International
Tables for
Crystallography
Volume D
Physical properties of crystals
Edited by A. Authier

International Tables for Crystallography (2006). Vol. D, ch. 1.1, pp. 7-8

## Section 1.1.3.3. Operations on tensors

A. Authiera*

aInstitut de Minéralogie et de la Physique des Milieux Condensés, Bâtiment 7, 140 rue de Lourmel, 75015 Paris, France

#### 1.1.3.3. Operations on tensors

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It is necessary that the tensors are of the same nature (same rank and same variance).

#### 1.1.3.3.2. Multiplication by a scalar

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This is a particular case of the tensor product.

#### 1.1.3.3.3. Contracted product, contraction

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Here we are concerned with an operation that only exists in the case of tensors and that is very important because of its applications in physics. In practice, it is almost always the case that tensors enter into physics through the intermediary of a contracted product.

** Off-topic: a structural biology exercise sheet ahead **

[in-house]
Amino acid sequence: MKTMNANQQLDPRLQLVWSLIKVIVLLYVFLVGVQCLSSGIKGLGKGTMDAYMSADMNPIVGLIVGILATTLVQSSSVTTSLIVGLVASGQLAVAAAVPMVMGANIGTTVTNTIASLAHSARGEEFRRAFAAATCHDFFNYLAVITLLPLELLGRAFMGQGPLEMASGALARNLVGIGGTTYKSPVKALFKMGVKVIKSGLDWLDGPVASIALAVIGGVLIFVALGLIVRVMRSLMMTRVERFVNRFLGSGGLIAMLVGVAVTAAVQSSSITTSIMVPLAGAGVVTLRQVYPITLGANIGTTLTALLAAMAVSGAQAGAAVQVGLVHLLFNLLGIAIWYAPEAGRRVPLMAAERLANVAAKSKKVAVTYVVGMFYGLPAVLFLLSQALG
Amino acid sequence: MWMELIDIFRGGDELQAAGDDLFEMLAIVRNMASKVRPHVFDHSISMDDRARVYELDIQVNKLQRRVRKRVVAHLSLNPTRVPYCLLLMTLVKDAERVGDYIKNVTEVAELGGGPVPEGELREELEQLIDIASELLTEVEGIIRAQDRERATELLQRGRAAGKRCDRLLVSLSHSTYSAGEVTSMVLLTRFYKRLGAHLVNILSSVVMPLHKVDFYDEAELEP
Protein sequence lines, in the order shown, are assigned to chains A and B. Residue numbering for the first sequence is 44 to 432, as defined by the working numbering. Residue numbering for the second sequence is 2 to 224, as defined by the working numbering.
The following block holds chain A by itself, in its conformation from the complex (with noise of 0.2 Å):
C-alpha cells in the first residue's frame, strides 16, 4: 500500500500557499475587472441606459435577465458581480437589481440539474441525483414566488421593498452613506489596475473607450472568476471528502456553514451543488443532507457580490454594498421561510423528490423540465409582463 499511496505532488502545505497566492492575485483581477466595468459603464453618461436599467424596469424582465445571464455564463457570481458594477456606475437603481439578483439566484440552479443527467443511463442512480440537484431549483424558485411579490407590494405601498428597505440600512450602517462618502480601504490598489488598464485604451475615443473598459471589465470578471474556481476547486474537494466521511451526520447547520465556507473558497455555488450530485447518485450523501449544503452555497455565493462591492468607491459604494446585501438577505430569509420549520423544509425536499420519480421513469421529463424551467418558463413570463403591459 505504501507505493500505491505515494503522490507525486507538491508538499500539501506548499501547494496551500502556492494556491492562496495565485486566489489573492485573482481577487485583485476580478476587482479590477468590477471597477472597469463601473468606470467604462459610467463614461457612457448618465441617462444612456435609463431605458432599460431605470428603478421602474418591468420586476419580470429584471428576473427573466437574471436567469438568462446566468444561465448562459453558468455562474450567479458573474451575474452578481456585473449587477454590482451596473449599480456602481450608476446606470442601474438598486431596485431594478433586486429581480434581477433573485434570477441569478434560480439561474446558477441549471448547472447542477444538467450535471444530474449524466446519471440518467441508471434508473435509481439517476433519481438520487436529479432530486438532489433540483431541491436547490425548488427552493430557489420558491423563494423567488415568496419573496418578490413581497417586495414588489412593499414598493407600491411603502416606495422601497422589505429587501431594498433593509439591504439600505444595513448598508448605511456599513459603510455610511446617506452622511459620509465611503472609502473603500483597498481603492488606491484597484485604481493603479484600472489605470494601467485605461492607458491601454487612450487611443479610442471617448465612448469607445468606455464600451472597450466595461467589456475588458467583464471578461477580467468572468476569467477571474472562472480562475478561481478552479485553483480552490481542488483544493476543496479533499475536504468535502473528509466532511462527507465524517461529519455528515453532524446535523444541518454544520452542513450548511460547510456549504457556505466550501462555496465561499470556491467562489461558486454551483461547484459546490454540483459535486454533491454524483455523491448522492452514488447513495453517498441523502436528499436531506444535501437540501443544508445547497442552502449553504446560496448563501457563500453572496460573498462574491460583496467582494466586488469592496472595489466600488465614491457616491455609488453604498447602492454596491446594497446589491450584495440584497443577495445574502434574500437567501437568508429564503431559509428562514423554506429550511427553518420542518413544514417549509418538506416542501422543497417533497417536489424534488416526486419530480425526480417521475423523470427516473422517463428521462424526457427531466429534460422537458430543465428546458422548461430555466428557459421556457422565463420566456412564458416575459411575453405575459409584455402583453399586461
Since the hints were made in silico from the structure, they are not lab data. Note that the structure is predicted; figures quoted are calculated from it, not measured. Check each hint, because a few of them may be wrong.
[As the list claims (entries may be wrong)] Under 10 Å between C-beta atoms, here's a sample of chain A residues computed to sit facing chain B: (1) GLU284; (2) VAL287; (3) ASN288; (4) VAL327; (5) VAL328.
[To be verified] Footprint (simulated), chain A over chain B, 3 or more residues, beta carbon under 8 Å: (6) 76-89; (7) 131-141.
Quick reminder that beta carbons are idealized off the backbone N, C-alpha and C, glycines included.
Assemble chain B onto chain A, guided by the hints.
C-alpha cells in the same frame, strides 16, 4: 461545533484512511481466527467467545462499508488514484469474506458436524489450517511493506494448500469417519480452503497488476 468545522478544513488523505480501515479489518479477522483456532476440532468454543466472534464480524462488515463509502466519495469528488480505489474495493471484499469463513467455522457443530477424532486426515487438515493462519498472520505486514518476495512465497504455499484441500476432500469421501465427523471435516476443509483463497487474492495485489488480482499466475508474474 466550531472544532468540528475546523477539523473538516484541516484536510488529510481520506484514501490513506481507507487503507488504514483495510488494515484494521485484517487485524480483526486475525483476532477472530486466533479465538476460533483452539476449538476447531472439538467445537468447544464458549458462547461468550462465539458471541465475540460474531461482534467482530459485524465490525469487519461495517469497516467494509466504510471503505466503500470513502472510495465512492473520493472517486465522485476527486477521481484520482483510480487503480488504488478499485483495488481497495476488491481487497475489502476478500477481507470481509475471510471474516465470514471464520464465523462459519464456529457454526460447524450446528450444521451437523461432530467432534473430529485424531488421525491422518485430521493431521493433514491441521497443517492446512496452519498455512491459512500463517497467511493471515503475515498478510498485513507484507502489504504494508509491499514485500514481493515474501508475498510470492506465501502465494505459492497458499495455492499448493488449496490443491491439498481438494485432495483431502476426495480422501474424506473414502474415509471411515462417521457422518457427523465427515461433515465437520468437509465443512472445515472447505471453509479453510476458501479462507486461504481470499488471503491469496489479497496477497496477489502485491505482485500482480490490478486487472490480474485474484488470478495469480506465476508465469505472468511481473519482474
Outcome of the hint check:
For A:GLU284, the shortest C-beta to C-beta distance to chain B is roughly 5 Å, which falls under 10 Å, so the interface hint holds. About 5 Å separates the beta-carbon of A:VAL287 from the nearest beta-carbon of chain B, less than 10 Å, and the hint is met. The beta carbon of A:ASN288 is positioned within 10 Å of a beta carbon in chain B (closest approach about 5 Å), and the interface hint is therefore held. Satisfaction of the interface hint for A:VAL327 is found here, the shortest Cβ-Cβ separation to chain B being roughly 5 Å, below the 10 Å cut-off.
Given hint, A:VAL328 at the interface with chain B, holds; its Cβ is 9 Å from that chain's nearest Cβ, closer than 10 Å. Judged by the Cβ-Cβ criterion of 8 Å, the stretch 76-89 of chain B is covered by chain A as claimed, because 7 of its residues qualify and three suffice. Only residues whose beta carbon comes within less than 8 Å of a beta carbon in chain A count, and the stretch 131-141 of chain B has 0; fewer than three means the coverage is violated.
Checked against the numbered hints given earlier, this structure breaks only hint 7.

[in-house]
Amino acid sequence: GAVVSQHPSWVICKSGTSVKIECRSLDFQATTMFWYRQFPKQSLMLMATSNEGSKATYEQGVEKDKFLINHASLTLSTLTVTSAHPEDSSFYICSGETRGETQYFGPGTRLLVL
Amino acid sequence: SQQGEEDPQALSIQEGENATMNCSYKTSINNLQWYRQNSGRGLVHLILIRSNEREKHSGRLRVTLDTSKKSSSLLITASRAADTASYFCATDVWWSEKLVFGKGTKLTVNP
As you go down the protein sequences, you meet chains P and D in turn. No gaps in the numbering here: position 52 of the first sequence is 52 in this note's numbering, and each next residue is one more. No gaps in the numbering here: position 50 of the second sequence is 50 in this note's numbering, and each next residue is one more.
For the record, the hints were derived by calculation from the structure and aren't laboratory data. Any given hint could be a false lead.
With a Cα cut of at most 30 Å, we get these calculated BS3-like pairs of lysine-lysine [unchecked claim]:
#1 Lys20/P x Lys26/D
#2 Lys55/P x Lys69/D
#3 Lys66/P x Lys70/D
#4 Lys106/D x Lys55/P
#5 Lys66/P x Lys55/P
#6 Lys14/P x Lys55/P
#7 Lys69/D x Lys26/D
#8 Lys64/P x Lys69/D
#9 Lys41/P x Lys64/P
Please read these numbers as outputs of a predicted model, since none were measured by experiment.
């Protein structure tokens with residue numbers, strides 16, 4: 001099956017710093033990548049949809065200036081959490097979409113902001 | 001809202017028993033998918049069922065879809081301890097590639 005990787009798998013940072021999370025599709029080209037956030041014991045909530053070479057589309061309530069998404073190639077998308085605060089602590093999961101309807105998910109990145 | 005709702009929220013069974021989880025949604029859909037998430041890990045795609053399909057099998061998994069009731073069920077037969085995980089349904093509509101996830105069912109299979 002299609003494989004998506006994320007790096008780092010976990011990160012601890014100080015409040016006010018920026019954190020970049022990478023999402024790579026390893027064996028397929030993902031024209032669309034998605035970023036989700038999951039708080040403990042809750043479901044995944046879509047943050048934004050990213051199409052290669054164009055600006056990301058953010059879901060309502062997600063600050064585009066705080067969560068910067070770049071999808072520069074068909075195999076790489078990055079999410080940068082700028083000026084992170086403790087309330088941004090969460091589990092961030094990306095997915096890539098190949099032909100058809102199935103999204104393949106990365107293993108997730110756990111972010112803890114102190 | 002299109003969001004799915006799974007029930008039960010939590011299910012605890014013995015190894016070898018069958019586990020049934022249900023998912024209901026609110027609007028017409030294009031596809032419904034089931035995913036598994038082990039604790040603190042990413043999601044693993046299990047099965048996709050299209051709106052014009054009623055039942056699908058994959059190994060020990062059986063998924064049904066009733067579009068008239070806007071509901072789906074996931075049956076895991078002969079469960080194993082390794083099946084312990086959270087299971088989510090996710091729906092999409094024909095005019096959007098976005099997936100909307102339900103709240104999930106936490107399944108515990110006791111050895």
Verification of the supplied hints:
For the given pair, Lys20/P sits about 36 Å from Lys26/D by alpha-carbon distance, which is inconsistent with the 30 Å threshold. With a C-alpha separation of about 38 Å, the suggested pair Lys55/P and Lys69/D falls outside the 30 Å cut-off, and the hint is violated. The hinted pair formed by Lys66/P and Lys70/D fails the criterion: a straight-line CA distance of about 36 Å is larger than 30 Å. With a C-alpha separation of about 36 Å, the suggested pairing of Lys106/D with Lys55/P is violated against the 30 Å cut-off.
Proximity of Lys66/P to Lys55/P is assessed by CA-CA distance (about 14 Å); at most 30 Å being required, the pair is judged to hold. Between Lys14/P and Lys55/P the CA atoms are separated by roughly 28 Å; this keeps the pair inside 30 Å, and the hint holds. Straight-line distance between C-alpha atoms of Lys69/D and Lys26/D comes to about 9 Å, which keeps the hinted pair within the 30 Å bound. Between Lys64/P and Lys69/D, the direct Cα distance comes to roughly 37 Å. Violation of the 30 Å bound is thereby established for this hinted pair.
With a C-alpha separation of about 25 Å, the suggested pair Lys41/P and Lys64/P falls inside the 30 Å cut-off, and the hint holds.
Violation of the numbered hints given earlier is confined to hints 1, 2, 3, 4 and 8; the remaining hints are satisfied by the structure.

(i) Contraction. Let us consider a tensor of rank 2 that is once covariant and once contravariant. Let us write its transformation in a change of coordinate system: Now consider the quantity derived by applying the Einstein convention . It follows that This is an invariant quantity and so is a scalar. This operation can be carried out on any tensor of rank higher than or equal to two, provided that it is expressed in a form such that its components are (at least) once covariant and once contravariant. The contraction consists therefore of equalizing a covariant index and a contravariant index, and then in summing over this index. Let us take, for example, the tensor . Its contracted form is , which, with a change of basis, becomes The components are those of a vector, resulting from the contraction of the tensor . The rank of the tensor has changed from 3 to 1. In a general manner, the contraction reduces the rank of the tensor from n to . Example. Let us take again the operator of symmetry O. The trace of the associated matrix is equal to It is the resultant of the contraction of the tensor O. It is a tensor of rank 0, which is a scalar and is invariant under a change of basis. (ii) Contracted product. Consider the product of two tensors of which one is contravariant at least once and the other covariant at least once: If we contract the indices i and k, it follows that The contracted product is then a tensor of rank 1 and not 3. It is an operation that is very frequent in practice. (iii) Scalar product. Next consider the tensor product of two vectors: After contraction, we get the scalar product: